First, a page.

These two blocks look similar but perform quite different functions in redstone circuits in Minecraft.
Comparators look similar to repeaters, but have some quite different functions.
The crafting recipe is similar too, except you’ll need a piece of Nether Quartz.
Here’s a rundown of what you can do with a comparator:
Like a repeater, a comparator allows the current to flow through it only in one direction: in the back, in the front, marked with an arrow at the top.
Unlike a repeater, the signal is neither delayed nor amplified.
Comparing current strengths
As the name suggests, a comparator can compare the strength of two currents. Compare the main signal which receives through the rear (base of the arrow) with a signal passing through the side and outputs it through the front.
The signal entering the rear will be output from the front if it is greater than the signal entering the side. If the repeater receives a signal from both sides, simply use the one that is stronger and ignore the other.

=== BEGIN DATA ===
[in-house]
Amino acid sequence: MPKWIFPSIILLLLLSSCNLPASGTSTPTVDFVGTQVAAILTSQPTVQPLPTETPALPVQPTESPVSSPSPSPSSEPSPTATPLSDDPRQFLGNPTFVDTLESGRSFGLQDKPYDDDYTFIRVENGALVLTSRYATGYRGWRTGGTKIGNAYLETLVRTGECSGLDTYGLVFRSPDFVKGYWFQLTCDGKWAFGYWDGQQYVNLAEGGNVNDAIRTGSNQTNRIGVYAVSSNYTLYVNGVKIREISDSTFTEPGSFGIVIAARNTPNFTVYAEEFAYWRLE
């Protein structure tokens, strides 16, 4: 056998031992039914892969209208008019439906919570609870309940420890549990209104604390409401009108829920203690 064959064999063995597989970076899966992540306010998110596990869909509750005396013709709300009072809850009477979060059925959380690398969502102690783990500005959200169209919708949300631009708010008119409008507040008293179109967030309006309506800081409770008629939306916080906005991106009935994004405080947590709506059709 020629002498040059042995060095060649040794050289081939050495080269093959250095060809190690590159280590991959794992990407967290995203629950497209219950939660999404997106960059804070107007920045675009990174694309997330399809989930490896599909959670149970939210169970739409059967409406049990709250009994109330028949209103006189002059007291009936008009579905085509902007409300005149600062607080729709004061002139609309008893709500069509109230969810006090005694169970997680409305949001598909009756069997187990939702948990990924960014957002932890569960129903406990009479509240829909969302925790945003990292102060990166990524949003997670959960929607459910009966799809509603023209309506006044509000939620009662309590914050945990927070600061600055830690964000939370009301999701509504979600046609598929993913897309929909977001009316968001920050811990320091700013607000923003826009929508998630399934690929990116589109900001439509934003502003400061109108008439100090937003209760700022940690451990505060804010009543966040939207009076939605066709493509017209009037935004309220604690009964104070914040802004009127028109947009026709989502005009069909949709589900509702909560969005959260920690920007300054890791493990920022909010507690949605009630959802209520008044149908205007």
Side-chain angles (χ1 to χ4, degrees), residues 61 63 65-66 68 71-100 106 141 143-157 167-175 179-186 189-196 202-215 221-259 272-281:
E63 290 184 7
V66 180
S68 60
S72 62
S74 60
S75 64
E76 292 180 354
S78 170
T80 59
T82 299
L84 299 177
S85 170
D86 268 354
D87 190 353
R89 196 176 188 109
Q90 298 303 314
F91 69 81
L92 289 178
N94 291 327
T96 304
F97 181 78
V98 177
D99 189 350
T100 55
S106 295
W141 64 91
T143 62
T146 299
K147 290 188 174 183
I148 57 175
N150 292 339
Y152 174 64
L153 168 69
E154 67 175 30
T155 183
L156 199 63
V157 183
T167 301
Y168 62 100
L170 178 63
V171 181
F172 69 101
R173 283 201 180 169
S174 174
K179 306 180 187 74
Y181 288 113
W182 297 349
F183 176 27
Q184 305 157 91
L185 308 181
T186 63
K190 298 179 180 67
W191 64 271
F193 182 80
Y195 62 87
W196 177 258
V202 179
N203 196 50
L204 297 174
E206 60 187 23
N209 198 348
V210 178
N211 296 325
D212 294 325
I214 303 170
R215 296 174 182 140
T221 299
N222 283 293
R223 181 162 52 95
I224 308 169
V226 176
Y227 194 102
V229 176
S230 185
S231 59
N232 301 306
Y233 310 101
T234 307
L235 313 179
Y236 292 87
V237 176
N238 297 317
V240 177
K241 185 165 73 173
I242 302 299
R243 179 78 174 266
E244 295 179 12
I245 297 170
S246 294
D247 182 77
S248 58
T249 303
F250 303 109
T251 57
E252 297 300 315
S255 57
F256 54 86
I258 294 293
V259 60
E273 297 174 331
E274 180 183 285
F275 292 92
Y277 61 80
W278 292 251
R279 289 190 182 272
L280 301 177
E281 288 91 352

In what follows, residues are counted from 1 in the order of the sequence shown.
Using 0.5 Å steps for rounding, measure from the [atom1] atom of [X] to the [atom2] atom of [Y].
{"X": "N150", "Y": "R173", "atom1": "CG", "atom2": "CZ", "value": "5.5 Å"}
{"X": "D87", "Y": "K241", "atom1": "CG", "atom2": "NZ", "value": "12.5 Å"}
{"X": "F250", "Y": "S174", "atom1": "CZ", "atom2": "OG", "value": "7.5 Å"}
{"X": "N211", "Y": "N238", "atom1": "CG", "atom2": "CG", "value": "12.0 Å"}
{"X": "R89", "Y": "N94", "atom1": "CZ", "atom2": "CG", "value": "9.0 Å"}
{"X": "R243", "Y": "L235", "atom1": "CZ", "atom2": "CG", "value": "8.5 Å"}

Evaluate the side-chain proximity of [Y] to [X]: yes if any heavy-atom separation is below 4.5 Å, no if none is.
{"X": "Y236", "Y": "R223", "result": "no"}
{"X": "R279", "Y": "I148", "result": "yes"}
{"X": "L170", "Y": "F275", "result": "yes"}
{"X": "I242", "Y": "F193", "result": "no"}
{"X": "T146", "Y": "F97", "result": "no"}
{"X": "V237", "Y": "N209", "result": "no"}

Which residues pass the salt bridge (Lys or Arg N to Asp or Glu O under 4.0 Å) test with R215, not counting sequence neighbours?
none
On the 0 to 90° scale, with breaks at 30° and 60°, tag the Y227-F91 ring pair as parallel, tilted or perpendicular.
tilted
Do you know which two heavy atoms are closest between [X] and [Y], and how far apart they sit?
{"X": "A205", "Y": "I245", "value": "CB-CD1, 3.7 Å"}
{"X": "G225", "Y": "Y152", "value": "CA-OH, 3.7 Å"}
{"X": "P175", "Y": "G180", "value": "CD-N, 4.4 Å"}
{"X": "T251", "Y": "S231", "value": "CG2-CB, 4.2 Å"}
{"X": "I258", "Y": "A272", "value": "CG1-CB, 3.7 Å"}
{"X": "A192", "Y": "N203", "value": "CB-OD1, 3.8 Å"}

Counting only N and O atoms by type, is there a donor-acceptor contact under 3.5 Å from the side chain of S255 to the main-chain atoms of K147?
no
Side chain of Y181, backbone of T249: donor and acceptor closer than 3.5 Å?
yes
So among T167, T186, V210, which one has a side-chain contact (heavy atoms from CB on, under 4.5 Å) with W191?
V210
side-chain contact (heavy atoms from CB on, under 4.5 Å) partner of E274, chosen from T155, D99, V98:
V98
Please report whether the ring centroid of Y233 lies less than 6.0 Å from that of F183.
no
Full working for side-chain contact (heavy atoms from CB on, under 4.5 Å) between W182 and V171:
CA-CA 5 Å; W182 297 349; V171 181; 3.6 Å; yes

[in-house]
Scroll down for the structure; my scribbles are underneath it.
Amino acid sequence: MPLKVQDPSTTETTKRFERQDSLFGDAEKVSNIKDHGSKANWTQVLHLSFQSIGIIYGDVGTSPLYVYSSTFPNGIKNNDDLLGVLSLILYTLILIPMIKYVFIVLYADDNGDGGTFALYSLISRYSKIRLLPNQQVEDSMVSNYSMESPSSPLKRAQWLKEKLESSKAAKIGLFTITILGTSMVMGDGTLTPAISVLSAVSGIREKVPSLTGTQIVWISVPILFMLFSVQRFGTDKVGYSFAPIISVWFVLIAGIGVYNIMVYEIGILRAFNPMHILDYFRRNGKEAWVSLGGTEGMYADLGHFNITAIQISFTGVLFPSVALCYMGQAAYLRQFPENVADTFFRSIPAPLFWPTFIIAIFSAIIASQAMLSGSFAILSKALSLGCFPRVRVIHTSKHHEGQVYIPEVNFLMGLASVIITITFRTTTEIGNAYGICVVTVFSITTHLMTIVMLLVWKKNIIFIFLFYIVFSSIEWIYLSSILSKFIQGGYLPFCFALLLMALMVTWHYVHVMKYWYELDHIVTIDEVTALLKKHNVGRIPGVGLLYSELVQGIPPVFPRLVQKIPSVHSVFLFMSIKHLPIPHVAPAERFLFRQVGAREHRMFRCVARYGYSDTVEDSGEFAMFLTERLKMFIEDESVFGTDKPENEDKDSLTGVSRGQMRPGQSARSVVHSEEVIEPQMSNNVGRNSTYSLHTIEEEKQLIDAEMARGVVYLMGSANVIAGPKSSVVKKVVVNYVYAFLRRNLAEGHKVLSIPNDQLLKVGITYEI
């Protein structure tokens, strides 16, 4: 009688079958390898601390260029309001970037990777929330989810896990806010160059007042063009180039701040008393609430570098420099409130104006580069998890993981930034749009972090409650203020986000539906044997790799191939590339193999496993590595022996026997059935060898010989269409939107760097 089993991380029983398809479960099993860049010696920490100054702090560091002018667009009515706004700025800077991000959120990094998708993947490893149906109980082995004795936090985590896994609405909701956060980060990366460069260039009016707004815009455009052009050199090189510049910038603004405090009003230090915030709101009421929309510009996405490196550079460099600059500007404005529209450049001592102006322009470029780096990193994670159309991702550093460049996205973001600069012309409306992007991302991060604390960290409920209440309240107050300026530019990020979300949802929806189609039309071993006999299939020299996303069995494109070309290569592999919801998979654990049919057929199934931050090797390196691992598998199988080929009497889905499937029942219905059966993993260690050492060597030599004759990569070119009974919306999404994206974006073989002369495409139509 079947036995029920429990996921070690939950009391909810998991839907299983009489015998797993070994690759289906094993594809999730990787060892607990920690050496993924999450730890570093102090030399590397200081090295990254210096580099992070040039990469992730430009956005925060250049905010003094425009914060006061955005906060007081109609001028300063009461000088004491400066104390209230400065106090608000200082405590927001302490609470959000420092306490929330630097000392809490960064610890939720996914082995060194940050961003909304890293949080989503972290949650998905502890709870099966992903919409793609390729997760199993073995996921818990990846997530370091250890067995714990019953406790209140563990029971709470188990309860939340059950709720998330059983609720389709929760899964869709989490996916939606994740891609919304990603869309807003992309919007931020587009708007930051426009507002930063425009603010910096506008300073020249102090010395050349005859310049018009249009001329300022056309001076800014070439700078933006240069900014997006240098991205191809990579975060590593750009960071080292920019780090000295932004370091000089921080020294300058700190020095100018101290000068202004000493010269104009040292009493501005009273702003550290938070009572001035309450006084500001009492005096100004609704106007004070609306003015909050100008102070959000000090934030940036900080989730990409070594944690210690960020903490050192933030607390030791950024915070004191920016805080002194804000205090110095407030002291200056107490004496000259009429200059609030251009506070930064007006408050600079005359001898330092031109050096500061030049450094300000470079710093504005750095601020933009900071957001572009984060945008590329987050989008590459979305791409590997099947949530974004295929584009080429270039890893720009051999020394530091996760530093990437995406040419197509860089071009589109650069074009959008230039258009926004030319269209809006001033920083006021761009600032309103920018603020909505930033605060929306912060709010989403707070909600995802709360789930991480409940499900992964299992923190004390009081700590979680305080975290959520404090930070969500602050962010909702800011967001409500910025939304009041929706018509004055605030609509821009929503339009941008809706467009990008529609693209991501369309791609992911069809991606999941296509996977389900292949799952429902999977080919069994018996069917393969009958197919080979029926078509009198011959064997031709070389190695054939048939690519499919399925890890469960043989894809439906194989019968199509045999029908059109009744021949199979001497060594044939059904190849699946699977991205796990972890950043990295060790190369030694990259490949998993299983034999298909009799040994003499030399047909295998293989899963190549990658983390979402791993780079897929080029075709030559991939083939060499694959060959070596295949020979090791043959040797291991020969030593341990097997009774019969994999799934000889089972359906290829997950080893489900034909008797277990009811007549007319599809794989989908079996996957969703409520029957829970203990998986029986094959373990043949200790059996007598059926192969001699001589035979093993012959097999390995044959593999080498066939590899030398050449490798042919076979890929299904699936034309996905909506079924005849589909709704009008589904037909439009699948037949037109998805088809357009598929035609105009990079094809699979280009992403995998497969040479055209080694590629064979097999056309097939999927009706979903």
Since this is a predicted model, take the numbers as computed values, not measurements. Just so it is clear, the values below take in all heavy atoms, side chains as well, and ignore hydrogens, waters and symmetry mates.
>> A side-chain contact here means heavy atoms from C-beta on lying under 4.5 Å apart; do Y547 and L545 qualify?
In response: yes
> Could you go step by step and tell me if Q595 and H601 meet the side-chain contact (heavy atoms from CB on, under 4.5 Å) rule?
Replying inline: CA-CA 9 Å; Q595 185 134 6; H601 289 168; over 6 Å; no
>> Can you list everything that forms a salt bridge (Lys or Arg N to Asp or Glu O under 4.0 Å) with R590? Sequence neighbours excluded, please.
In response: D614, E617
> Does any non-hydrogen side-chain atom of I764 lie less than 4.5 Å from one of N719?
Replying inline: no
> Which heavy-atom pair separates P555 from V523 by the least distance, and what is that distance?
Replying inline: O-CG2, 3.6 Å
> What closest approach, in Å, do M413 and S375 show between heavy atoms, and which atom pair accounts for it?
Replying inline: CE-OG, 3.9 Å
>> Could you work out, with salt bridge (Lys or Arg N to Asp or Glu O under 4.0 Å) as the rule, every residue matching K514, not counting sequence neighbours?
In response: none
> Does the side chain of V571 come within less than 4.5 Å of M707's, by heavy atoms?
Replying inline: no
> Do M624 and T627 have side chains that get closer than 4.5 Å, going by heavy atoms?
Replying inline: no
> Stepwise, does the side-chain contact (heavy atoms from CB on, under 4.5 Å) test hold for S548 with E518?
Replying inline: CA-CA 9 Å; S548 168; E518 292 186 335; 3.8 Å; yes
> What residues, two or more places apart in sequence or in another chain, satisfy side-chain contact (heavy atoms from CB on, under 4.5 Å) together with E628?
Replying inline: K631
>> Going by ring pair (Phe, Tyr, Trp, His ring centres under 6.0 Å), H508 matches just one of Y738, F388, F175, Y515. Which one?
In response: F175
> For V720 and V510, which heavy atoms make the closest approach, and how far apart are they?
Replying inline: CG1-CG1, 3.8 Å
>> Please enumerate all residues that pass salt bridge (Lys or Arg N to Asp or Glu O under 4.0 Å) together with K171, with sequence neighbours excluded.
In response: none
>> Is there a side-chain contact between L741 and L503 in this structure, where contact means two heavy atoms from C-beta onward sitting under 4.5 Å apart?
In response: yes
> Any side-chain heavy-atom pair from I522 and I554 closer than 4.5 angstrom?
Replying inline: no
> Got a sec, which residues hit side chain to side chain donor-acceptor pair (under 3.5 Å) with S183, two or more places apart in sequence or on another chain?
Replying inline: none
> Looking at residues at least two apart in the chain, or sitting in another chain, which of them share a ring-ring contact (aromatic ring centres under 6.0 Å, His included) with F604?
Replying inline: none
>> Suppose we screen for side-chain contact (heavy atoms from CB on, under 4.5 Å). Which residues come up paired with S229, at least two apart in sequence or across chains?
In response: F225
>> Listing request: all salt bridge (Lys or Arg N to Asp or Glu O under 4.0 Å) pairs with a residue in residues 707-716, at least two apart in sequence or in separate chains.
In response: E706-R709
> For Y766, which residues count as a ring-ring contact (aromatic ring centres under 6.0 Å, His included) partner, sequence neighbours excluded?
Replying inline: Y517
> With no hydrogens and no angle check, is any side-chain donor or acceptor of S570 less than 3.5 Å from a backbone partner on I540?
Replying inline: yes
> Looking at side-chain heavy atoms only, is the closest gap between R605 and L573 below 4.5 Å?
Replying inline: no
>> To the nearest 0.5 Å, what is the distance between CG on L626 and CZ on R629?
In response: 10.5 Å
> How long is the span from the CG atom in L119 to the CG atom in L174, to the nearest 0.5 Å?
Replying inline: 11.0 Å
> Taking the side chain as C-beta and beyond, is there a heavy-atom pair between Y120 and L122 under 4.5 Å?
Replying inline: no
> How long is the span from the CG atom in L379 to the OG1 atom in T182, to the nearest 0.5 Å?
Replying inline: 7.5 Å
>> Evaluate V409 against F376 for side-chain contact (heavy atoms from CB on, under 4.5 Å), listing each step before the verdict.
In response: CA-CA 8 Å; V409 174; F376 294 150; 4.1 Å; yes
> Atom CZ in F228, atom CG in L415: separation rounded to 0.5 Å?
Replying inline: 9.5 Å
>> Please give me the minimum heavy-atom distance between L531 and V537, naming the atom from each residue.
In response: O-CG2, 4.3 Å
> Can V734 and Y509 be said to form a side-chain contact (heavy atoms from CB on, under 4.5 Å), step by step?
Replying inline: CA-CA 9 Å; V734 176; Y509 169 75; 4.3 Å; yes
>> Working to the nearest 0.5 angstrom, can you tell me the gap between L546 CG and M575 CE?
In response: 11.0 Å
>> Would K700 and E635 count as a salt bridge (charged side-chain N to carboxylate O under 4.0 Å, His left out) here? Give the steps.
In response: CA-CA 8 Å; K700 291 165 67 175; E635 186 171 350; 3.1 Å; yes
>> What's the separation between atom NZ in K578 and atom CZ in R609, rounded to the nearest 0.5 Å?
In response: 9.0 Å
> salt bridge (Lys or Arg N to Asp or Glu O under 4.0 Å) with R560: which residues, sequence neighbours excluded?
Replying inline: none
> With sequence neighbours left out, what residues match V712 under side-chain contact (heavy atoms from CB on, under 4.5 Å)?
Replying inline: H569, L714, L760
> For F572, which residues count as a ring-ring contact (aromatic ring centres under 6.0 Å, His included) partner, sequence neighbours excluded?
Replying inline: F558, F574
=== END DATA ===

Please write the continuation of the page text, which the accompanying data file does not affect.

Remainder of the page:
The main signal will not be altered in intensity.
If you right-click the comparator, this will put it into subtraction mode. This is signaled by the lighting of one of the three front redstone torches (the small one).
In subtraction mode, the comparator works as described above, except that the current output at the front is equal to the main input minus the side input. That is, the strength of the passing main current will be reduced by the strength of the side current (to zero if the side current is greater than the main current).
Indication of the fullness of the containers
If the base of a comparator is placed against a container (chest, oven, hopper, dropper, dispenser, brewing stand or juke box), it will emit a current with a force that depends on how full the container is. This can be used to check if a container is empty or to compare how full two different containers are.
Comparators can also operate in normal or subtract mode in this role, allowing all kinds of complicated calculations to set thresholds for comparison.
How does signal strength relate to how full the container is?
This is quite complicated, as each type of container has a different number of slots and different objects can be stacked differently. The output current is 0 for a completely empty container and 15 for a full one.
A beer brewing stand has 3 bottle slots and the bottles don’t stack, so each bottle is worth a third of the maximum signal strength, i.e. 5 each.
A large chest can hold 3456 of any block that can stack up to 64 items per slot, so each item is worth a lot less than the bottles in a brewing stand! Items that don’t stack, like tools or boats, count for a whole stack each, and a whole stack of 16 eggs is worth the same as a whole stack of 64 of something.